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Creature Feature: Exploring Assateague’s Marine Life

Driving onto Assateague from the Maryland side on Route 611, the Assateague Island Visitor Center appears to the right of the road before you cross the Verrazzano Bridge. It’s worth a stop in before a camping trip or even just a day spent on the island, because even if your only plan is to lay on the beach all day, having just a basic knowledge of all the land and sea life that inhabit the state park will make your trip all the more fulfilling. Especially when you see one of the species you’ve just met in the Visitor Center out enjoying life in its natural habitat.

Aquariums, exhibits, maps of the park, informational brochures and a film about the island’s famous wild ponies can all be found in the Visitor Center, which all but functions as a local wildlife museum. There’s also a touch-tank, which recreates the region’s marine habitats and provides a kid-friendly ecological education tool. It’s a pretty cool concept for adults, too: Stick your hand in, pick up something slimy and learn something new! The photos below depict just a small sample of what you’ll find in the Assateague Island Visitor Center touch tank and out in the wild. 

Assateague touch tank
You are here. If you’re not great with directions, the map outside the building will show you where you are in relation to the rest of the Delmarva peninsula. 
Assateague touch tank
The hands on the wall say it all. And for the little ones, stepping stools allow even the smallest of junior rangers to stick their hands in the tank. 
Assateague touch tank
Channeled Whelk: Pick up this spiraled shell, flip it over and find a large marine snail inside. The whelk feeds on clams, oysters and mussels, and is preyed upon by crabs, urchins and sea stars. These gastropods have been in existence for over 30 million years. Another whelk — the knobbed whelk, similar in appearance and also found in this touch tank — is the state shell of both New Jersey and Georgia.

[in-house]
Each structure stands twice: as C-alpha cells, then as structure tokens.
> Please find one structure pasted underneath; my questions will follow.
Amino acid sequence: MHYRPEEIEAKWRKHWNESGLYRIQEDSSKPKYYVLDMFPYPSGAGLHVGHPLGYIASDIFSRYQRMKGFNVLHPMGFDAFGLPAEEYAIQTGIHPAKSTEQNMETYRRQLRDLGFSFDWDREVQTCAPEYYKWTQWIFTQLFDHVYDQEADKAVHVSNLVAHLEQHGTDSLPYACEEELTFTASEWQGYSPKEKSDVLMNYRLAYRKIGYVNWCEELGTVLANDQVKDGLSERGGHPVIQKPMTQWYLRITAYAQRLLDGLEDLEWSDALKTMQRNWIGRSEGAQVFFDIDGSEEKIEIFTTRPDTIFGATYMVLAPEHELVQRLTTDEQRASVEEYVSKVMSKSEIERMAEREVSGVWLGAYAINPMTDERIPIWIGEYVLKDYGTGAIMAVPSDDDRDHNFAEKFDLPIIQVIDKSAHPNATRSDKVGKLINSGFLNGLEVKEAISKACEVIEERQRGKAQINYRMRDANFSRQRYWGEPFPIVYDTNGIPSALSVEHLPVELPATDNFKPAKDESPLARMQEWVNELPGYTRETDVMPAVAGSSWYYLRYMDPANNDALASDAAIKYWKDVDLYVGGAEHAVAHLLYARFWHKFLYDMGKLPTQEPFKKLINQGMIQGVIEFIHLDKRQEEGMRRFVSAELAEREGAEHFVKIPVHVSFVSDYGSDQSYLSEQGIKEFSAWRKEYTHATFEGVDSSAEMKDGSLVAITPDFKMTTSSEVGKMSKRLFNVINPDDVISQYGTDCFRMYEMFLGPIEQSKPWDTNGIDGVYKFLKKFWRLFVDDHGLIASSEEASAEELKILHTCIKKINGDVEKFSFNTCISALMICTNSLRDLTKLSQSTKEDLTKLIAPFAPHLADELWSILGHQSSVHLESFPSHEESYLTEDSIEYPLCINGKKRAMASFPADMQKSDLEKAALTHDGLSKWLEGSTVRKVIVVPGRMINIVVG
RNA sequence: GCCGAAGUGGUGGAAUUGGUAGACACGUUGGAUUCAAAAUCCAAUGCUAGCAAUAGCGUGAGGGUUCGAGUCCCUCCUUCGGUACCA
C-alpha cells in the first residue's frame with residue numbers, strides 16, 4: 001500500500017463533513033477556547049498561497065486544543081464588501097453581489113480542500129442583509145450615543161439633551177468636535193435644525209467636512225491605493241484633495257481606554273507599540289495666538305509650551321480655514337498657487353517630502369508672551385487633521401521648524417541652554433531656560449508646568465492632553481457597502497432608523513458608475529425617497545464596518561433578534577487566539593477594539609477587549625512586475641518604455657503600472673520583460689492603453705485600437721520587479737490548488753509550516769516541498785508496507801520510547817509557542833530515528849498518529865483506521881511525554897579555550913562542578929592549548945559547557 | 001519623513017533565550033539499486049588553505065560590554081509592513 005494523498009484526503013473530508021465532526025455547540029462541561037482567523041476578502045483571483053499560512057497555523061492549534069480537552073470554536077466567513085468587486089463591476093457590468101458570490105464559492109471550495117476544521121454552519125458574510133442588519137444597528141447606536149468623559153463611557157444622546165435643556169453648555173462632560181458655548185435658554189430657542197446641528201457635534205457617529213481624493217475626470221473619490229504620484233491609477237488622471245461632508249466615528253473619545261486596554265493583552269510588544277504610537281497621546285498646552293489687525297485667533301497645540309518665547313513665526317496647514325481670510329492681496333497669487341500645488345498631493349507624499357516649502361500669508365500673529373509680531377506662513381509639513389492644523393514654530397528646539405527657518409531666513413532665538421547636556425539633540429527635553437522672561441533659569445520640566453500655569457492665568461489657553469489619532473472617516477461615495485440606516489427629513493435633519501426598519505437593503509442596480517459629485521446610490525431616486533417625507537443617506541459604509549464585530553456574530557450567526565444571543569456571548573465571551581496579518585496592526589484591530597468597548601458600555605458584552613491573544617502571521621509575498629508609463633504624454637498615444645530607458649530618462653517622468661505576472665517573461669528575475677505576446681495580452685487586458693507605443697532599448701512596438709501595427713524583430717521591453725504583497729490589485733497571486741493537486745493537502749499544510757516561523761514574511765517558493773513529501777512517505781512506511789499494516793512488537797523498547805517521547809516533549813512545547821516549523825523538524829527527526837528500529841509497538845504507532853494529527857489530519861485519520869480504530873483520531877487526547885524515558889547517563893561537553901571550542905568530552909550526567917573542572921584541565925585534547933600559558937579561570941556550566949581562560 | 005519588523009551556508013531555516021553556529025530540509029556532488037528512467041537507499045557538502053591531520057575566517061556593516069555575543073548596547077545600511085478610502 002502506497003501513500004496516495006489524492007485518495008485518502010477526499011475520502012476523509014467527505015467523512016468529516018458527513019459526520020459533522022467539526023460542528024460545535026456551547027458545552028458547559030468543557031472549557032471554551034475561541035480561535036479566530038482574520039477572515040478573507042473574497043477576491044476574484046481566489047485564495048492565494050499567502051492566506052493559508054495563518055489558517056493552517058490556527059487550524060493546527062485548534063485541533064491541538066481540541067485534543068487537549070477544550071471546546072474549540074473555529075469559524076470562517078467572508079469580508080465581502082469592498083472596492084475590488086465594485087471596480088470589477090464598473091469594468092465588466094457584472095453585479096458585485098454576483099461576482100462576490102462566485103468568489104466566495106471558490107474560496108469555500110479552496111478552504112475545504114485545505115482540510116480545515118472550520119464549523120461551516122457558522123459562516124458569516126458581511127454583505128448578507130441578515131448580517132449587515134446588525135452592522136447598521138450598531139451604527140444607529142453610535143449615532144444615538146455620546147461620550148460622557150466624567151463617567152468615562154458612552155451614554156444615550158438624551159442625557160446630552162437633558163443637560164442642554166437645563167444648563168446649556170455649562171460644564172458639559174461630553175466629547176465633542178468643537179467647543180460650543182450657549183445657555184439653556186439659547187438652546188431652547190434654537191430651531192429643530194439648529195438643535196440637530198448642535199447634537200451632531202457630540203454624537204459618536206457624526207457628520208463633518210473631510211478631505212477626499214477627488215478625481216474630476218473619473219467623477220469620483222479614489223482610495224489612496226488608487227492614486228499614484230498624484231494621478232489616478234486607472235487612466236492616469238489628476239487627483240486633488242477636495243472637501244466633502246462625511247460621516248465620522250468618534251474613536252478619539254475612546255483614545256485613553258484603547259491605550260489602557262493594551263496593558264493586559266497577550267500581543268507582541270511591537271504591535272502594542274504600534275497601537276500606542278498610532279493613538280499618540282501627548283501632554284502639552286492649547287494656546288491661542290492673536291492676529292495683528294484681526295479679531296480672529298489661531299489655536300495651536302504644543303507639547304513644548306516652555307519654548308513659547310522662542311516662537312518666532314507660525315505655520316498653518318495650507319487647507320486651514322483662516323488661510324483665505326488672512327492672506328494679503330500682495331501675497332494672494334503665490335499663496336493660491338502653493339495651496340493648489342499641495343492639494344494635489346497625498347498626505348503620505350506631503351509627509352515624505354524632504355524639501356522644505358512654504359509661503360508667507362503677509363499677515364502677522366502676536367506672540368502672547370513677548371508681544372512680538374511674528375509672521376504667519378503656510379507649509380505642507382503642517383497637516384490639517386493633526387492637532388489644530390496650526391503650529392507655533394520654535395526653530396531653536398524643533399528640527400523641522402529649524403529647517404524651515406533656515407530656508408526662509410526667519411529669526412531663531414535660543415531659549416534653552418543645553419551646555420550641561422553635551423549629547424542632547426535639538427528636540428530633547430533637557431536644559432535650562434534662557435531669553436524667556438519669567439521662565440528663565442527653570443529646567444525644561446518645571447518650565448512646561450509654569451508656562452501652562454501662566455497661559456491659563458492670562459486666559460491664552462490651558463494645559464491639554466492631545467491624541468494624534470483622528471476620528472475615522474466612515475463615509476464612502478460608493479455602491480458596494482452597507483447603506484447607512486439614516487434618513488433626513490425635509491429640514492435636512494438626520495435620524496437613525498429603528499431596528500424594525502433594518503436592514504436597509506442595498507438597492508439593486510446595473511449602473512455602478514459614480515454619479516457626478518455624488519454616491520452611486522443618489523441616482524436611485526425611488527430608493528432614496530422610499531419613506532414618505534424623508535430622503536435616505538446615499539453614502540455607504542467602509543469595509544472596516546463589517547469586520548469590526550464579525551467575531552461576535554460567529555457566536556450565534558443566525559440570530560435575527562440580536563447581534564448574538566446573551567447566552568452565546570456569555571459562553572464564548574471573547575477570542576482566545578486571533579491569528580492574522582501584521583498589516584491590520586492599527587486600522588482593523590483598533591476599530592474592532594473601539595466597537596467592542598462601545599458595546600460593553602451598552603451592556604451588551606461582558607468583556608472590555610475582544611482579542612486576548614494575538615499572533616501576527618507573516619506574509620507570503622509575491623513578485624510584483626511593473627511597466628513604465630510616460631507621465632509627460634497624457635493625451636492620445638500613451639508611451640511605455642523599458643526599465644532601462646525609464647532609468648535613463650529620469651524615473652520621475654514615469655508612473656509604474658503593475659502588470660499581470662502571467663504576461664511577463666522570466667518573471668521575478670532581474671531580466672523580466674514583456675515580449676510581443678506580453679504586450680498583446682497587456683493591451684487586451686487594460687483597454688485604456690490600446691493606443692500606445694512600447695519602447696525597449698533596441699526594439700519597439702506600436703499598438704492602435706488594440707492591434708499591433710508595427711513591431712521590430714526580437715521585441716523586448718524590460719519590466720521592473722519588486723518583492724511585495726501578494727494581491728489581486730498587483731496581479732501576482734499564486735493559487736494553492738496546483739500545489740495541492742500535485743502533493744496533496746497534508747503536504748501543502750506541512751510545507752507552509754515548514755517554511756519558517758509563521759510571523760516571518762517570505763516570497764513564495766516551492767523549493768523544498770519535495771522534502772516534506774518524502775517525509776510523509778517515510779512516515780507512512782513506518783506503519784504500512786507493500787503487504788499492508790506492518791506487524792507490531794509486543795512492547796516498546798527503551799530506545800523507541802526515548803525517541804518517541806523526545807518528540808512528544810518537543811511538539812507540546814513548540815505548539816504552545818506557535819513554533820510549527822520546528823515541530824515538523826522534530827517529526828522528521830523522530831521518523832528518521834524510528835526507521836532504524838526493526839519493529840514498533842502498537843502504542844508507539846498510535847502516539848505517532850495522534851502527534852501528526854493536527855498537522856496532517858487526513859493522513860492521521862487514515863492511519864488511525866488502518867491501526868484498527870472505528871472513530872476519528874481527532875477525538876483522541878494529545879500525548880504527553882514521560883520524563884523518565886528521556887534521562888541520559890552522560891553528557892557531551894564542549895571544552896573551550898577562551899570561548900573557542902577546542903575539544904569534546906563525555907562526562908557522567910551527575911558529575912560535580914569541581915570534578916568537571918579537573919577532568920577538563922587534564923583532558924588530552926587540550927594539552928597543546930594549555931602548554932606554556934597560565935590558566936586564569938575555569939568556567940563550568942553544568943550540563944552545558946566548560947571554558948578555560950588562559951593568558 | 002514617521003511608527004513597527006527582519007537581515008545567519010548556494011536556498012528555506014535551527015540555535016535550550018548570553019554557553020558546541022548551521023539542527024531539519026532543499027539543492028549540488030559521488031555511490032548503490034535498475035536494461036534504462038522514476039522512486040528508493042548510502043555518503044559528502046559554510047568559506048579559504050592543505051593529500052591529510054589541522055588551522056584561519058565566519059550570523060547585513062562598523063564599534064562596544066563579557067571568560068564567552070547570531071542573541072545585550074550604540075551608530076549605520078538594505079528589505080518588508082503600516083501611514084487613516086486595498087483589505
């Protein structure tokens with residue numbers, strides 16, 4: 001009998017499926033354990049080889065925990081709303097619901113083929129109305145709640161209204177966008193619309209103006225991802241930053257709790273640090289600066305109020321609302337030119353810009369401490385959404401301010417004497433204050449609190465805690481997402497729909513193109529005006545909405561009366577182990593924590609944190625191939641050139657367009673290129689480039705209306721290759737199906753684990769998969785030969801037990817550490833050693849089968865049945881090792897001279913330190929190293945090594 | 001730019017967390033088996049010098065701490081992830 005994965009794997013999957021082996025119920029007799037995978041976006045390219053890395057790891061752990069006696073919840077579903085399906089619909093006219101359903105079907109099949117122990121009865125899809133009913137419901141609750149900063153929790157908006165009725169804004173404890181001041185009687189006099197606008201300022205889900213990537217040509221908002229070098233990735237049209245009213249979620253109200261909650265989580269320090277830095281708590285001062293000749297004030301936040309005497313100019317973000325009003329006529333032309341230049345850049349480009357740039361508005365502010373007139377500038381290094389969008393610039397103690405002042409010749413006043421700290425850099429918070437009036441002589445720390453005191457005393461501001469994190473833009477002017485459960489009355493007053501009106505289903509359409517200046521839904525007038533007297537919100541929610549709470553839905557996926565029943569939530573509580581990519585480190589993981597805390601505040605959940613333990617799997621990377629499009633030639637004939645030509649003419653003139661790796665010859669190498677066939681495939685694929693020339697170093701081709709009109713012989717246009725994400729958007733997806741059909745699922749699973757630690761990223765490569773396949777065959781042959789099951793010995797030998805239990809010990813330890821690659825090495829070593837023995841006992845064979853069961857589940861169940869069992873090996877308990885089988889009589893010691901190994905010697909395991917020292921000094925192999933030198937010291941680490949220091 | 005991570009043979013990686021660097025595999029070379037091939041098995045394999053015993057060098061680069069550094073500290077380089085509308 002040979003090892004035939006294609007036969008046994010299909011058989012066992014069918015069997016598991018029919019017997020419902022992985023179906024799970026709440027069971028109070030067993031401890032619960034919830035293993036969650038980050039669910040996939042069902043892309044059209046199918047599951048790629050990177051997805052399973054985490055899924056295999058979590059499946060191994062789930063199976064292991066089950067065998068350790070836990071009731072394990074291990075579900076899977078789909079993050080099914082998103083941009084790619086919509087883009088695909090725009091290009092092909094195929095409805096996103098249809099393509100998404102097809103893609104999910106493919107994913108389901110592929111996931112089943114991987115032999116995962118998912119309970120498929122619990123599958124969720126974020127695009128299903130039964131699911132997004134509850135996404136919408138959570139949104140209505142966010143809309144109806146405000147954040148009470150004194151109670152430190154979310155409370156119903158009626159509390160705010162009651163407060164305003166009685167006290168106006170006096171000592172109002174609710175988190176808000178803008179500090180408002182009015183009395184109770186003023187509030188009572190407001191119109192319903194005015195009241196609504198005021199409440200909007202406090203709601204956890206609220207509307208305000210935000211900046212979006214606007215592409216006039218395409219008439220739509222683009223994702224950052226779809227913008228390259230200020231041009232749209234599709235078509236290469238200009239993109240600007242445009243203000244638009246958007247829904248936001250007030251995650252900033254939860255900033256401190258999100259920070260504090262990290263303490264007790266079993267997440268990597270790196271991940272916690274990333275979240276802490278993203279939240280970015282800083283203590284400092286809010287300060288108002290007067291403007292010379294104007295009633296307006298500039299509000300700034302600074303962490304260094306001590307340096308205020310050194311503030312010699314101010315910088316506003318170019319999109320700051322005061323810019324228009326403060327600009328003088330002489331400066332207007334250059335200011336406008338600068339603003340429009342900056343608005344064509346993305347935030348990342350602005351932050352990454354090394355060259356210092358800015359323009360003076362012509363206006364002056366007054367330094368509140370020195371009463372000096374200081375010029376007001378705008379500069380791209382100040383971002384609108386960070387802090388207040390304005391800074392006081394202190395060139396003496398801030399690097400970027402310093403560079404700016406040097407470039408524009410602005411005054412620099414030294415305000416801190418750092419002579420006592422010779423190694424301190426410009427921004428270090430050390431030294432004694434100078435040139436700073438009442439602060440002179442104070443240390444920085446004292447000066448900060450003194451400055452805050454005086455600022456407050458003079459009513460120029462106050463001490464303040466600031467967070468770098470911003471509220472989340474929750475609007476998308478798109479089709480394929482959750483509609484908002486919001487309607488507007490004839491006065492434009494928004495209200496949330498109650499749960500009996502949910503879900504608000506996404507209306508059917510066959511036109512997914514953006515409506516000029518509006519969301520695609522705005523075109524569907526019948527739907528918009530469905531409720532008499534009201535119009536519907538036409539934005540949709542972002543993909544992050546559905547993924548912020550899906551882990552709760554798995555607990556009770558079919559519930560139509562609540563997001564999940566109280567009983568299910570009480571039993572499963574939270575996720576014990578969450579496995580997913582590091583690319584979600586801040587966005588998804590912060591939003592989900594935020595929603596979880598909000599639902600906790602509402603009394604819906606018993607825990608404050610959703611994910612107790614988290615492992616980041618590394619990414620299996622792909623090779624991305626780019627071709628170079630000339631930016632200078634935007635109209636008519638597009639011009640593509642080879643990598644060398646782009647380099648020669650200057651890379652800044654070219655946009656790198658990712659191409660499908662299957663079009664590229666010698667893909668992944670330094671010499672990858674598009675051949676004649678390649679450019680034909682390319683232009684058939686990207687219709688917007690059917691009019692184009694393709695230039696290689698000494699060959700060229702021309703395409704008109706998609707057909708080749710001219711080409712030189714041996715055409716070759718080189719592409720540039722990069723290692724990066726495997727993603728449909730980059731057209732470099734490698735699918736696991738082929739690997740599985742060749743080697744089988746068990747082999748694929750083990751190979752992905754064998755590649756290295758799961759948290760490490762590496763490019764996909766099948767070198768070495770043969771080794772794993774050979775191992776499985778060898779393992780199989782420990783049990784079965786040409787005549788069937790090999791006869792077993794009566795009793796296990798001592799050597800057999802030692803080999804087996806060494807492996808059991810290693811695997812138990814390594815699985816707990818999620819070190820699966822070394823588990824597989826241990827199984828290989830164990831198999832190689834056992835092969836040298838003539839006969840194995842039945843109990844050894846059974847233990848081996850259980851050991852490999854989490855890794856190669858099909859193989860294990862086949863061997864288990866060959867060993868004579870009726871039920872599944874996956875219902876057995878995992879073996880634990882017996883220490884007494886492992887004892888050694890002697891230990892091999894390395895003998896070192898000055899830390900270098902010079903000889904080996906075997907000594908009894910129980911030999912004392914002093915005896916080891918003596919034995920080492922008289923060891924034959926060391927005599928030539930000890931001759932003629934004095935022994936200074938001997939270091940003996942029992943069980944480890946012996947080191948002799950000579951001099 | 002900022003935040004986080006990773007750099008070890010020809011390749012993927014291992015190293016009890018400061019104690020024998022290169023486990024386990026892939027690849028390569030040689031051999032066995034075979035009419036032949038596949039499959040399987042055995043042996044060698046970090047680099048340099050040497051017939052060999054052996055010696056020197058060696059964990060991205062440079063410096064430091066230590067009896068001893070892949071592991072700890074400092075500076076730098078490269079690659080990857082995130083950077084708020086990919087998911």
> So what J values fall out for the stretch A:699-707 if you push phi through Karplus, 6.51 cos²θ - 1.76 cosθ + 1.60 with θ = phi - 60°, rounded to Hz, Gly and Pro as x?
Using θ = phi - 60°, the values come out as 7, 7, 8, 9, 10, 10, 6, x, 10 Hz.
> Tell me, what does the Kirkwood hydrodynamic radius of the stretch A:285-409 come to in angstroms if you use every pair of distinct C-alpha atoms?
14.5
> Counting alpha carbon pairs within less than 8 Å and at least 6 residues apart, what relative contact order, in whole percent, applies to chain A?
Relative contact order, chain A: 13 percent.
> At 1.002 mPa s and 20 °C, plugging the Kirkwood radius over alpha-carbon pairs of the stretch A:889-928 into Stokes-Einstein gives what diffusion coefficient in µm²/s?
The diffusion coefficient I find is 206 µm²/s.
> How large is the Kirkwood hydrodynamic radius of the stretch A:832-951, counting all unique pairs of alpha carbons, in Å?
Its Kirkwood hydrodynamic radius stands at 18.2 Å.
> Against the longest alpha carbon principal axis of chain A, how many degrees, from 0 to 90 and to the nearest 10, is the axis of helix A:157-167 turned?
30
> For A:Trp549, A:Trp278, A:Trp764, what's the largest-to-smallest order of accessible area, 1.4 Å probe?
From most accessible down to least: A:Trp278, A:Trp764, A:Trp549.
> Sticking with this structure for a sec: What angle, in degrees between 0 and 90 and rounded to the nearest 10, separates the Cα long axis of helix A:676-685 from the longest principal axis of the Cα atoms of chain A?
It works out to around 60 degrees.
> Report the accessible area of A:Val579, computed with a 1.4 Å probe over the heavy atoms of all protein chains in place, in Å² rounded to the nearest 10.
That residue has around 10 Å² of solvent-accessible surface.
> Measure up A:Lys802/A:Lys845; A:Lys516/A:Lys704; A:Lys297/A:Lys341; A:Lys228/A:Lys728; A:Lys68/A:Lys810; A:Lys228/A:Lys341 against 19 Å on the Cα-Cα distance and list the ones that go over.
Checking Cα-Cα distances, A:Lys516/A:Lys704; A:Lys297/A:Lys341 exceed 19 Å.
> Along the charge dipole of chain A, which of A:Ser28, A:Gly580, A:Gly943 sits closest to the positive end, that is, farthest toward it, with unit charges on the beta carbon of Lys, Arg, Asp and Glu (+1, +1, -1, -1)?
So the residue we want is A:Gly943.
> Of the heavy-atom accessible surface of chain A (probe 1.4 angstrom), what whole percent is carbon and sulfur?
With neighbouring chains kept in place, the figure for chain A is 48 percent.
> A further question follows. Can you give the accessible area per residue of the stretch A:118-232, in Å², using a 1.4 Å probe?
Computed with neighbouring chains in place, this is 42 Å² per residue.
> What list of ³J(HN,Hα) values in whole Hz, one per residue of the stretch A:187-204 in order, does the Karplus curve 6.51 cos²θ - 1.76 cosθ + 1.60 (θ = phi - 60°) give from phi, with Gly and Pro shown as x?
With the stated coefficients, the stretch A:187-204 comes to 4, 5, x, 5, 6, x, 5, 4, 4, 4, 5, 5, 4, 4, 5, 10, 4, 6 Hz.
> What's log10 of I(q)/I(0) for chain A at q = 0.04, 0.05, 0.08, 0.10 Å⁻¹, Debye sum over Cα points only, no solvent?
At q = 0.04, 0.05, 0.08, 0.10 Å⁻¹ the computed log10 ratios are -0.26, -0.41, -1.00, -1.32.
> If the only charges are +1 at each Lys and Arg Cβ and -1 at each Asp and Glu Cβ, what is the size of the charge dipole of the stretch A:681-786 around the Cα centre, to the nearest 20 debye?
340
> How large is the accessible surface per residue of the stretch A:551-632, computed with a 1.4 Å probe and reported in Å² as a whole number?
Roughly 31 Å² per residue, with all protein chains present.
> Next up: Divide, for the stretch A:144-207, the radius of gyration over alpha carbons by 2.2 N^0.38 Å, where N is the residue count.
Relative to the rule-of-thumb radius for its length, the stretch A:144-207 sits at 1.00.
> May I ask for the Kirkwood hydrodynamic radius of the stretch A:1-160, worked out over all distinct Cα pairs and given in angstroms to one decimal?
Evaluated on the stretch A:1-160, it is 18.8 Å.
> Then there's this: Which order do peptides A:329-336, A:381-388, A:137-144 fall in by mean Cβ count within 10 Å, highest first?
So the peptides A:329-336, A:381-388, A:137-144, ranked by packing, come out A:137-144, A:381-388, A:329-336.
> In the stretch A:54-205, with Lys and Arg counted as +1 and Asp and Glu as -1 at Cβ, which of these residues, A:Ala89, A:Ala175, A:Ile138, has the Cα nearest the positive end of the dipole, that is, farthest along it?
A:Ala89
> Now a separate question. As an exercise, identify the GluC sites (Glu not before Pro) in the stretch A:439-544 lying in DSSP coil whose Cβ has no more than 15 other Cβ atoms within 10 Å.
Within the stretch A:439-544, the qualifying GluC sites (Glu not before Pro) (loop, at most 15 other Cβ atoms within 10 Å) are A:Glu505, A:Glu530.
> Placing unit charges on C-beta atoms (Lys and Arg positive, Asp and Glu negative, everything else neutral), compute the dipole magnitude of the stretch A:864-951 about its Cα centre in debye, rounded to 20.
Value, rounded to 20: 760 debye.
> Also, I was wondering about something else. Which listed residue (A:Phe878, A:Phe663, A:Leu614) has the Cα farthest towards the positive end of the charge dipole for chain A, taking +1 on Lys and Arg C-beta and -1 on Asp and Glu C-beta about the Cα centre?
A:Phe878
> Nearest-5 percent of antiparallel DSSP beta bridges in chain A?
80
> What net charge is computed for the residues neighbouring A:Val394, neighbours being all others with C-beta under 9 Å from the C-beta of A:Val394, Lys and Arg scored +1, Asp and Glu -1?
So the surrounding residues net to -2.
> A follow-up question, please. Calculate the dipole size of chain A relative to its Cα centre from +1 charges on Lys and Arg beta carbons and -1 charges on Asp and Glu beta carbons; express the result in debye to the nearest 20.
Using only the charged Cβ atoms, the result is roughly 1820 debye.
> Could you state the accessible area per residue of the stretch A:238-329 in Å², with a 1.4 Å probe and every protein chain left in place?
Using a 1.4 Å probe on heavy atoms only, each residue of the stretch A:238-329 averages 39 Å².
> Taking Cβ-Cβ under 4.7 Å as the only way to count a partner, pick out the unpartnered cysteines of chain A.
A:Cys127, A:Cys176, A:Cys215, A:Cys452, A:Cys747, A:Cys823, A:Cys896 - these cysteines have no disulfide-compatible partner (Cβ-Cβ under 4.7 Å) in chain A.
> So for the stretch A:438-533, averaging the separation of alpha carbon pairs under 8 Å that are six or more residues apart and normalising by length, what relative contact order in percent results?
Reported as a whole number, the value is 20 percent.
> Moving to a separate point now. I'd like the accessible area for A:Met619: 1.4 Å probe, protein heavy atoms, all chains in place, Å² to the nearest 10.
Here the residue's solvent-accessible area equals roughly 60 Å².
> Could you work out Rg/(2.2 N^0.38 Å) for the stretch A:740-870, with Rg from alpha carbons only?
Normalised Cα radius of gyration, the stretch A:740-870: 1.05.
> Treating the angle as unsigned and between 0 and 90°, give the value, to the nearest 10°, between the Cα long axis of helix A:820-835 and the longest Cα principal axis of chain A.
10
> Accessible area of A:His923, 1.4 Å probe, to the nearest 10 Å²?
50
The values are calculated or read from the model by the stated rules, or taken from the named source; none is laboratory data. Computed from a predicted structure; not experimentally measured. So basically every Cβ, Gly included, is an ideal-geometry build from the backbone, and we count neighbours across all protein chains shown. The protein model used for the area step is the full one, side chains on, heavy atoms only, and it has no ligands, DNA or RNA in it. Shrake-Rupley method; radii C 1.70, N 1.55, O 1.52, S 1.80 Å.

Assateague touch tank
Our hunch was that this is a very tiny baby mud snail. In the U.S., the New Zealand Mud Snail population is made up almost entirely of self-cloning  parthenogenetic (asexually reproducing) females. Very slimy but kind of cute, in a weird way. 
Assateague touch tank
Atlantic Ribbed Mussel: Locally, you can find these bivalves in the marshes and mud flats of the Chesapeake Bay. You can find out their age by counting the ribs on their shells; ribbed mussels are edible, but they’re tough and don’t taste as good as the blue mussel. 
Assateague touch tank
Skate Egg Case: Egg cases like these surround and protect the eggs of oviparous (egg-laying) sharks, chimaeras and skates, as seen here. The cases themselves are sometimes called “mermaid’s purses.” 
Assateague touch tank
There weren’t any horseshoe crabs in the tank on that particular day, but there was a model of the horseshoe crab’s underside…
Touch tank crab
So here’s a throwback picture from the Chincoteague Visitor Center’s touch tank last year, where there was a horseshoe crab available to hold. 
Assateague touch tank
On a typical day at the touch tank, visitors will find knobbed and channeled whelks, Atlantic ribbed mussels, mud snails, skate egg cases and horseshoe crabs, in addition to Northern quahog clams and channeled whelk egg cases. 
Assateague touch tank
We were drawn away from the touch tank to another nearby tank filled with little transparent shore shrimp, or Common Grass Shrimp. Put a finger near the glass and move it around, then watch the shrimp follow. Growing only as long as 1.5 inches, the common grass shrimp have segmented bodies, a serrated “horn” above their eyes and little claws on their first two pairs of legs. 
Assateague touch tank
There’s a lot of life in the Assateague Visitor Center, and each species is super interesting in its own way — but I have to say that a transparent animal you can literally see through to the other side is probably one of the coolest. 
Bob the horse
And here’s a picture of a horse from last winter, just because you can’t write about Assateague without including a pony picture. This is Bodacious Bob, a 17-year-old Bay Pinto Stallion.
Kristin is a writer and photographer in Ocean City, Maryland, and is the content manager for OceanCity.com and other State Ventures, LLC sites. She loves getting reader-submitted stories and photos, so send her an email anytime. She also works part-time at the Art League of Ocean City and the Ocean City Film Festival and lives just off the peninsula with her dog and fiancé. Her photos can be found on Instagram @oc_kristin.

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